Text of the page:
Friday, September 30, 2016

Transfer Pricing with "Illinibucks"

In order to fully determine what Illinibucks (bucks) are and how they work, we must first answer some questions.  Is every student given the same amount of bucks?  Are students given the opportunity to purchase more bucks?  Can students transfer or trade their bucks?  What happens if multiple students use their bucks to move to the head of the same line?
These are difficult questions to ask since the Illinibuck system seems vague and almost counterintuitive.  How would the University deal with multiple students using their bucks to get ahead in the same line?
I will imagine a scenario to illustrate how Illinibucks might work.  In this scenario, I would set up Illinibucks so that every student is given an equal amount to use each semester.  If a student has leftover bucks at the end of the semester, those will roll over to the next semester.  Students would not be able to purchase more bucks in a given semester because it would give wealthy students an advantage over other students.  Transferring bucks to another student is also not allowed because it would encourage an informal buying and selling market (which would also give advantage to students with more money).
Students would be able to use their bucks to purchase “spots in line” for housing sign-up, course registration, and appointments with academic advisors.  They could also use their bucks to move to the front of long lines in the dining halls, bookstore, and to get into shows/concerts that may be happening on campus.  Having many options from which students can choose to spend their bucks helps minimize the problem of too many students going to the front of the same lines.  Even so, students who choose to go to the front of the same lines would have two options.  The first option would be to move to a special “fast” line consisting of all the students who have used their Illinibucks to get to the front of a line.  The second option would be to bid for spots ahead of the fast line.  Students could allocate more bucks to get higher up in the line than those who already paid.  The first student in line would be the one who bid the most.  This allows students some extra degree of choice in deciding how to allocate their bucks and also solves the problem of who will be first in line.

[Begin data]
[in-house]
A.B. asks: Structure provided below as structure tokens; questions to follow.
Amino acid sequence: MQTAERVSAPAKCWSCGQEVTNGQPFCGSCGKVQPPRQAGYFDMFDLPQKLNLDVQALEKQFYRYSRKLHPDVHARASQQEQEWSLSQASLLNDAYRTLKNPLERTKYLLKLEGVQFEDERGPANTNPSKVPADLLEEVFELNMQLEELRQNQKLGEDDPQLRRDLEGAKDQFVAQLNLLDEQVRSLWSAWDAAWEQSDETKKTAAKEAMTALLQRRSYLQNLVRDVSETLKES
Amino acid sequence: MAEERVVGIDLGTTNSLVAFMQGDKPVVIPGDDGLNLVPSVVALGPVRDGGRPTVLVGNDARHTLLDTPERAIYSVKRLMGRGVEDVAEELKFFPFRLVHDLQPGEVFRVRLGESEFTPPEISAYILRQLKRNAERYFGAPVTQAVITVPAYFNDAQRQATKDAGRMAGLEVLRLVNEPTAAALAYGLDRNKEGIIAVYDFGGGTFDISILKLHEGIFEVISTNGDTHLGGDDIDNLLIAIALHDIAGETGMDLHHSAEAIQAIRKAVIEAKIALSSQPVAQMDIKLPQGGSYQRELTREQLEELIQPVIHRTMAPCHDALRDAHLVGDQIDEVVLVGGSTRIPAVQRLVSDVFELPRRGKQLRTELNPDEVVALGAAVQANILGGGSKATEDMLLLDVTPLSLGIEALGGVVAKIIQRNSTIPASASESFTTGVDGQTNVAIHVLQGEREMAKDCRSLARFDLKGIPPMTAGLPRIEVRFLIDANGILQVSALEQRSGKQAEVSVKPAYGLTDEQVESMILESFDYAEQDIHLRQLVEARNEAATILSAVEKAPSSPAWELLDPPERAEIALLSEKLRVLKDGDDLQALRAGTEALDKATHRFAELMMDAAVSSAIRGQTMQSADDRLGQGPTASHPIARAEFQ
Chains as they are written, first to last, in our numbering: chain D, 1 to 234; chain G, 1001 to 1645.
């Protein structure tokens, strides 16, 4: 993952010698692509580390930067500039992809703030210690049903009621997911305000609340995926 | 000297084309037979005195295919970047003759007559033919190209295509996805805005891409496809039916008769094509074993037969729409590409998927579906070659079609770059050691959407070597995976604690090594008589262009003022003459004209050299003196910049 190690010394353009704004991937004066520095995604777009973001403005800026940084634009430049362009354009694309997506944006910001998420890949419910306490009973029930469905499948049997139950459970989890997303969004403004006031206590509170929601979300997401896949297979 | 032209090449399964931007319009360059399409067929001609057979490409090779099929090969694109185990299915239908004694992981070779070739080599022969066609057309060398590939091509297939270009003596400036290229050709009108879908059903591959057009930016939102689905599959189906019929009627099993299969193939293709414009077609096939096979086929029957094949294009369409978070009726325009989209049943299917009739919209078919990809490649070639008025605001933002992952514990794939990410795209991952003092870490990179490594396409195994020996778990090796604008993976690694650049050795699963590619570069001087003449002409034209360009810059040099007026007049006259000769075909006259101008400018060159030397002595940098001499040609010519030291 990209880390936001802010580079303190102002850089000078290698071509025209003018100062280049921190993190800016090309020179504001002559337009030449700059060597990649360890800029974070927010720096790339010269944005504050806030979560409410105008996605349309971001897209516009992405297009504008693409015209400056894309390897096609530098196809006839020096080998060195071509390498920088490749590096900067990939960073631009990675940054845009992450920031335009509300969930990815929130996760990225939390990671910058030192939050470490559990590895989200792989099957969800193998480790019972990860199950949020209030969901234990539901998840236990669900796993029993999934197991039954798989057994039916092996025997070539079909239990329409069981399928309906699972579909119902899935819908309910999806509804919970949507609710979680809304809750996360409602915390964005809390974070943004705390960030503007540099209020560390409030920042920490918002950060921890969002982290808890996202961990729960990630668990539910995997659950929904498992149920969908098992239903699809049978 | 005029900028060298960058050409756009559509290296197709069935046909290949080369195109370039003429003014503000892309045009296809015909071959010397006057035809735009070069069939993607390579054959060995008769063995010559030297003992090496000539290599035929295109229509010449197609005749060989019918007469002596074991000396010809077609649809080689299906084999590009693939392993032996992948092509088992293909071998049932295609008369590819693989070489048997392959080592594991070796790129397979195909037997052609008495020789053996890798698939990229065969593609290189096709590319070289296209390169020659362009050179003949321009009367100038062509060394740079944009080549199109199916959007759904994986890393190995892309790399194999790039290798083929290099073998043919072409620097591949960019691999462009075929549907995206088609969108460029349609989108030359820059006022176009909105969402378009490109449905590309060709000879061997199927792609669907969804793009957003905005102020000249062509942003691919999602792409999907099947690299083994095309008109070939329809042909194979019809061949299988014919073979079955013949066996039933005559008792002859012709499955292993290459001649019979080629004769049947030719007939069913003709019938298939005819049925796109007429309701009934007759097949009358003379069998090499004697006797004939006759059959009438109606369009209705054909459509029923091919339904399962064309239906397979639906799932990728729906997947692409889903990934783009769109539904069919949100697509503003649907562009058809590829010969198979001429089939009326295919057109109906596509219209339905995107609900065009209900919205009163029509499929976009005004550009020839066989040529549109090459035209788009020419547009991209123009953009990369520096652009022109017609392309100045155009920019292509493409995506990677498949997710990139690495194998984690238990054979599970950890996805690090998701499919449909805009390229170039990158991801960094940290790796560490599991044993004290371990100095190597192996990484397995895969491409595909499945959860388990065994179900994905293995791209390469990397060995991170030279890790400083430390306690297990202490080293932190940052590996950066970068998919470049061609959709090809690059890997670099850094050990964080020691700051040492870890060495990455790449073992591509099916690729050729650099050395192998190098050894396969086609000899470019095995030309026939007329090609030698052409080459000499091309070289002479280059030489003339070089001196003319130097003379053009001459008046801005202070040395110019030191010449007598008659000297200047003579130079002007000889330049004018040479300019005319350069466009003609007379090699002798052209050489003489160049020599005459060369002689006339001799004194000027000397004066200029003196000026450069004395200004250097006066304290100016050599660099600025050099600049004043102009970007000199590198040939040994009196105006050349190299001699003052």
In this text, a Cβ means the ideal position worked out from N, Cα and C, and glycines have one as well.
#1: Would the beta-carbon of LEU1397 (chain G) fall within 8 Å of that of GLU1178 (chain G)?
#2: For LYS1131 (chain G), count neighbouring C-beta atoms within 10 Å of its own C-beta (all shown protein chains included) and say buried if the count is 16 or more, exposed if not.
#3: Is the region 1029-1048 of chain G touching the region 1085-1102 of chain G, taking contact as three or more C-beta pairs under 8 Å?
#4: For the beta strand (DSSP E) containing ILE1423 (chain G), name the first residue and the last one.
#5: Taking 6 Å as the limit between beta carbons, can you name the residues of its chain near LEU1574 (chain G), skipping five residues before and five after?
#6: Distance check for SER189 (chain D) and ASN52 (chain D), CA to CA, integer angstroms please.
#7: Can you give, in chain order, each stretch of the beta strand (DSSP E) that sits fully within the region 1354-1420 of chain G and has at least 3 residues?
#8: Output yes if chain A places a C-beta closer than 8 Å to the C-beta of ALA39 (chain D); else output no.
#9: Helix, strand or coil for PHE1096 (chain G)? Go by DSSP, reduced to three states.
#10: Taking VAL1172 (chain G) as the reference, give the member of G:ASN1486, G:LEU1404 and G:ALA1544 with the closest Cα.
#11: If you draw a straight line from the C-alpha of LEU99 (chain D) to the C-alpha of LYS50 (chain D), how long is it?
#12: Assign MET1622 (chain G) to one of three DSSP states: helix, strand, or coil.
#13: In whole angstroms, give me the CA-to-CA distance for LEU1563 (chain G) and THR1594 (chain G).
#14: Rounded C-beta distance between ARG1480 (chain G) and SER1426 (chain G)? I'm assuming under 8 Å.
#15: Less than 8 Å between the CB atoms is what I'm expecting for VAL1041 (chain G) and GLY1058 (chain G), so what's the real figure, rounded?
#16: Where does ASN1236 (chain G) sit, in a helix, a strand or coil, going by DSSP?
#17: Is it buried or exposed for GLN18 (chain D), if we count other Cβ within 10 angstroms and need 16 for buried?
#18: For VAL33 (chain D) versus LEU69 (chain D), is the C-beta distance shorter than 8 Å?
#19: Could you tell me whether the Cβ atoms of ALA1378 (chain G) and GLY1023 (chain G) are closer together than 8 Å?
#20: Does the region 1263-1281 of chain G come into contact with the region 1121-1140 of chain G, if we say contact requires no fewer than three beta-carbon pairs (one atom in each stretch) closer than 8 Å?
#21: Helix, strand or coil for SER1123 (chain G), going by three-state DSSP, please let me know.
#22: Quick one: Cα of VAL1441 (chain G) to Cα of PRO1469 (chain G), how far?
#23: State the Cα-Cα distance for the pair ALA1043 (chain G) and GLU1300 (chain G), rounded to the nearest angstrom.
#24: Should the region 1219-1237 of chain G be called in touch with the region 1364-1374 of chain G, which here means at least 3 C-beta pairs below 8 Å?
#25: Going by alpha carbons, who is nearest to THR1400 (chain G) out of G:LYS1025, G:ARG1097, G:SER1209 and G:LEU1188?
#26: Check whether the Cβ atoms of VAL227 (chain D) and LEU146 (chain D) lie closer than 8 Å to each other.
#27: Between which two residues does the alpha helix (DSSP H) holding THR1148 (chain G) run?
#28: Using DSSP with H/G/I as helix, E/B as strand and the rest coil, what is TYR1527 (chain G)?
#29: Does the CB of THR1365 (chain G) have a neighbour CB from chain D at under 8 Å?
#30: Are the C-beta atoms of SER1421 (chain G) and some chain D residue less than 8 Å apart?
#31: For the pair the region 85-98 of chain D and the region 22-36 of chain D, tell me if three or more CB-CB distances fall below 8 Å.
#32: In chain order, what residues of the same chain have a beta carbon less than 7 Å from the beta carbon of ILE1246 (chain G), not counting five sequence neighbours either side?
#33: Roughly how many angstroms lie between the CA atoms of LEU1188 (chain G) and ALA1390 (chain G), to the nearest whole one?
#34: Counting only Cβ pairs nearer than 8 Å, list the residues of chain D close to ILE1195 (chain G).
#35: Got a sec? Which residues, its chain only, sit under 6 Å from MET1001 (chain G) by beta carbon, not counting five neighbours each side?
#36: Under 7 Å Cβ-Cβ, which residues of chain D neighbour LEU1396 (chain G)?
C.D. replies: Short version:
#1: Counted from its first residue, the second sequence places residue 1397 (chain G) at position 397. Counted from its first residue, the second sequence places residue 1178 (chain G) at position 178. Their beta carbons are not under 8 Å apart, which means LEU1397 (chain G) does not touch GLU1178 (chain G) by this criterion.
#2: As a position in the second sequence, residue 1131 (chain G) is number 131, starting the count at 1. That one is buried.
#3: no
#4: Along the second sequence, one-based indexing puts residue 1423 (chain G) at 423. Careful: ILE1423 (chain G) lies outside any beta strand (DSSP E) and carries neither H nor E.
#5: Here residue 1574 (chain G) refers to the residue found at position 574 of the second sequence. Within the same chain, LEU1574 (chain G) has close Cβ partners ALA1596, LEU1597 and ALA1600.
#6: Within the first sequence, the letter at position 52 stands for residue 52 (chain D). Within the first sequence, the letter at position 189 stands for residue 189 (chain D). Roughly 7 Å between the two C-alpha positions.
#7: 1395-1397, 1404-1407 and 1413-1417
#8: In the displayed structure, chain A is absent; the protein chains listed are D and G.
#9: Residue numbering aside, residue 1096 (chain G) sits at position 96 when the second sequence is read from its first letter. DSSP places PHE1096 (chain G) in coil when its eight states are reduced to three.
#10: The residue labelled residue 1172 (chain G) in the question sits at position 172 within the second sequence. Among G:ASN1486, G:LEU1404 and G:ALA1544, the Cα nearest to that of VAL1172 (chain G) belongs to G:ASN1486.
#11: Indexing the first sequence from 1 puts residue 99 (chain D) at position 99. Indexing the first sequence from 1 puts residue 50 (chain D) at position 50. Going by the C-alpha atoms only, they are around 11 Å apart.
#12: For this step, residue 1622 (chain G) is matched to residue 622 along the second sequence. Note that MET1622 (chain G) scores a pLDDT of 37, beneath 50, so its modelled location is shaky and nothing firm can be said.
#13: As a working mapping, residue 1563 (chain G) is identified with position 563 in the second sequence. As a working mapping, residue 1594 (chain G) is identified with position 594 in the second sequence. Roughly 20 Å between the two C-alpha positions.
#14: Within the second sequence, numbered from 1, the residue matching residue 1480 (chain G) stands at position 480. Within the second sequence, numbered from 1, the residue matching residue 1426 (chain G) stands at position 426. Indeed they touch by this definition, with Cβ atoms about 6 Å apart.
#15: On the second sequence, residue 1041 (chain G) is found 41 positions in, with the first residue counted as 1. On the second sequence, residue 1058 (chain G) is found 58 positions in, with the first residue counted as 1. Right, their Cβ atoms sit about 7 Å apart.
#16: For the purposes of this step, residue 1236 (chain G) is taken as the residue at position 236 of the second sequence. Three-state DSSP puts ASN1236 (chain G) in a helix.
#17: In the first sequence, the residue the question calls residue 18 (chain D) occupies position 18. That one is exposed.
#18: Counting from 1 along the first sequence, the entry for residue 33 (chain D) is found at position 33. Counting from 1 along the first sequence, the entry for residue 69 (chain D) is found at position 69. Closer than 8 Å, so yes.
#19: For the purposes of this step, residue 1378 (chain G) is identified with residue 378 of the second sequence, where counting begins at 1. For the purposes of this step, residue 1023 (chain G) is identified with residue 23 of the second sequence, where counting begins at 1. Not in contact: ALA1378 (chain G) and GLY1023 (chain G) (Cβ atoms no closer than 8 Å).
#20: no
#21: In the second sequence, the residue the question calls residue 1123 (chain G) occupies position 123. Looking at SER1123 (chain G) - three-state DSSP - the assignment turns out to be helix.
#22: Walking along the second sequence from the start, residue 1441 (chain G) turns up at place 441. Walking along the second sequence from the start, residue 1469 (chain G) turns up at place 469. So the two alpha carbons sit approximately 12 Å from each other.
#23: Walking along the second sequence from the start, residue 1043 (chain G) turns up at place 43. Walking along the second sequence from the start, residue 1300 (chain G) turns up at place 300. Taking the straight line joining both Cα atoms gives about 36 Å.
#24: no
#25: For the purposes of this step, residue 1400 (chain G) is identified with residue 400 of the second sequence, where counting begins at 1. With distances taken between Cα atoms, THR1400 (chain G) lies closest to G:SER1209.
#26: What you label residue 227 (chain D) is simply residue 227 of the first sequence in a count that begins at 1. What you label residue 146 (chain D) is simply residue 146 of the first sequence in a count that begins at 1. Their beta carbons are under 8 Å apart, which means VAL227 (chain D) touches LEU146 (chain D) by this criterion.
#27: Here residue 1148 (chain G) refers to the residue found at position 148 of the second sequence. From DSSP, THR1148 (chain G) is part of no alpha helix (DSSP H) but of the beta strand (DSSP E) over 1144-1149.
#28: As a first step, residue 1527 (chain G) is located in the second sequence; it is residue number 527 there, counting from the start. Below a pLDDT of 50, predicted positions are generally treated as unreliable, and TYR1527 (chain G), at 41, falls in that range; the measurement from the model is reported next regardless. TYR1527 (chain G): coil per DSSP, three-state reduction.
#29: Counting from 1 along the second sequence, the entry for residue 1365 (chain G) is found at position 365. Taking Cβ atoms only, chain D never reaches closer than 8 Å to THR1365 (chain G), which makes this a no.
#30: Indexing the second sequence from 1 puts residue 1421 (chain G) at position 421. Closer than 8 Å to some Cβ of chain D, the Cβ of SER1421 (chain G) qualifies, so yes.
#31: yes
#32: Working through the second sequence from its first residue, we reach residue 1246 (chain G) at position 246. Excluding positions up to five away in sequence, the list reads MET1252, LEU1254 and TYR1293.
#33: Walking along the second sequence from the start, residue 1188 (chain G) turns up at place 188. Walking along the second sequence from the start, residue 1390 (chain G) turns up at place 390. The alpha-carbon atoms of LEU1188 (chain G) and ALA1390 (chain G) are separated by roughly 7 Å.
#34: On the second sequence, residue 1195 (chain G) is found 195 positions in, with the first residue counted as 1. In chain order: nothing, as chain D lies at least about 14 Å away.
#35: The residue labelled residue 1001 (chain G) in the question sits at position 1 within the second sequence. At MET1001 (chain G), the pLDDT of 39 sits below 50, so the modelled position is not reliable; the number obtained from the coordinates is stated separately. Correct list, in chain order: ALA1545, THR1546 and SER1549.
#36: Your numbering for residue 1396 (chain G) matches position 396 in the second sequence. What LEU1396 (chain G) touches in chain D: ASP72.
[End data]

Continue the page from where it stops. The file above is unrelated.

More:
If the prices are too low, almost everyone will choose to be in the fast lines.  This would then encourage more bidding because the fast line will not give students much of an advantage.  If the prices are too high, then there will be less bidding and each fast line will be shorter.  The prices would have to be set in a way that gave the fast line students an advantage but still encouraged some bidding.
In this scenario, I would be likely to spend most of my bucks on choosing classes.  Since I am at the University primarily to take classes toward my degree, getting a spot in the best ones is very important.  I imagine that many other students would feel the same way, so the price of early course registration would likely be much higher than the price of cutting the line for the bookstore or getting an appointment with an academic advisor.
I question how this system would work alongside other systems that the University has in place for allocating “spots in lines.”  For example, honors students get to register for classes earlier than other students, and seniors get to register before freshmen, etc.  I think it might work best if honors students had separate lines for other honors students and bid for higher spots within the honors line.  
Overall, the Illinibuck system could work with a lot of planning and a trial period, but I think our current system is better.  It seems cumbersome and somewhat arbitrary to have students pay for spots in line using Illinibucks that are given to all students.


  1. It might help in your discussion if you focused on categories of classes that you'd like to get into that you currently have trouble doing so. For example, are they courses in your major? or your minor? or filling some gen ed requirement? Or is it something else, like you need a pre-requisite that you con't currently have and that course is hard to get into. The supply issue for each of these may be different.

    If supply is perfectly inelastic, then as you suggested all Illinibucks could possible do is to reallocate the supply from some students to other students by changing the priority of who has early access.

    The issue I hope for us to talk about in class, and I encourage you to think of it here some, is that when there is excess demand do the people who are determining supply know the extent of the excess demand? If they did know this would it impact their supply decisions?

    In the particular case that is of concern to you, getting into some classes, if there are many people who are in the same situation as you, might there be some way to expand course capacity so some of these students could be accommodated?

  2. I think the fairest way the “illinibucks” system works is by distributing equal amount of “illinibucks” to all students at the beginning of the semester for free, and leftover bucks could not be rolled over to the next semester. The “first come first serve” rule could still be applied when multiple students use their bucks to get ahead in the same line. The first option you mentioned would be more practical, and I think making bids will make it very difficult to manage.

  3. In my post, I brought up many of the same points that you did. Particularly, I considered having a market for Illinibucks that included trading between others. I do challenge the notion of unfairness for richer students that you question. The idea of advantage for richer people is implied in the scenario, regardless of whether players can trade illinibucks amongst each other or not. I do agree that the Illinibuck system would be cumbersome, and even counterintuitive.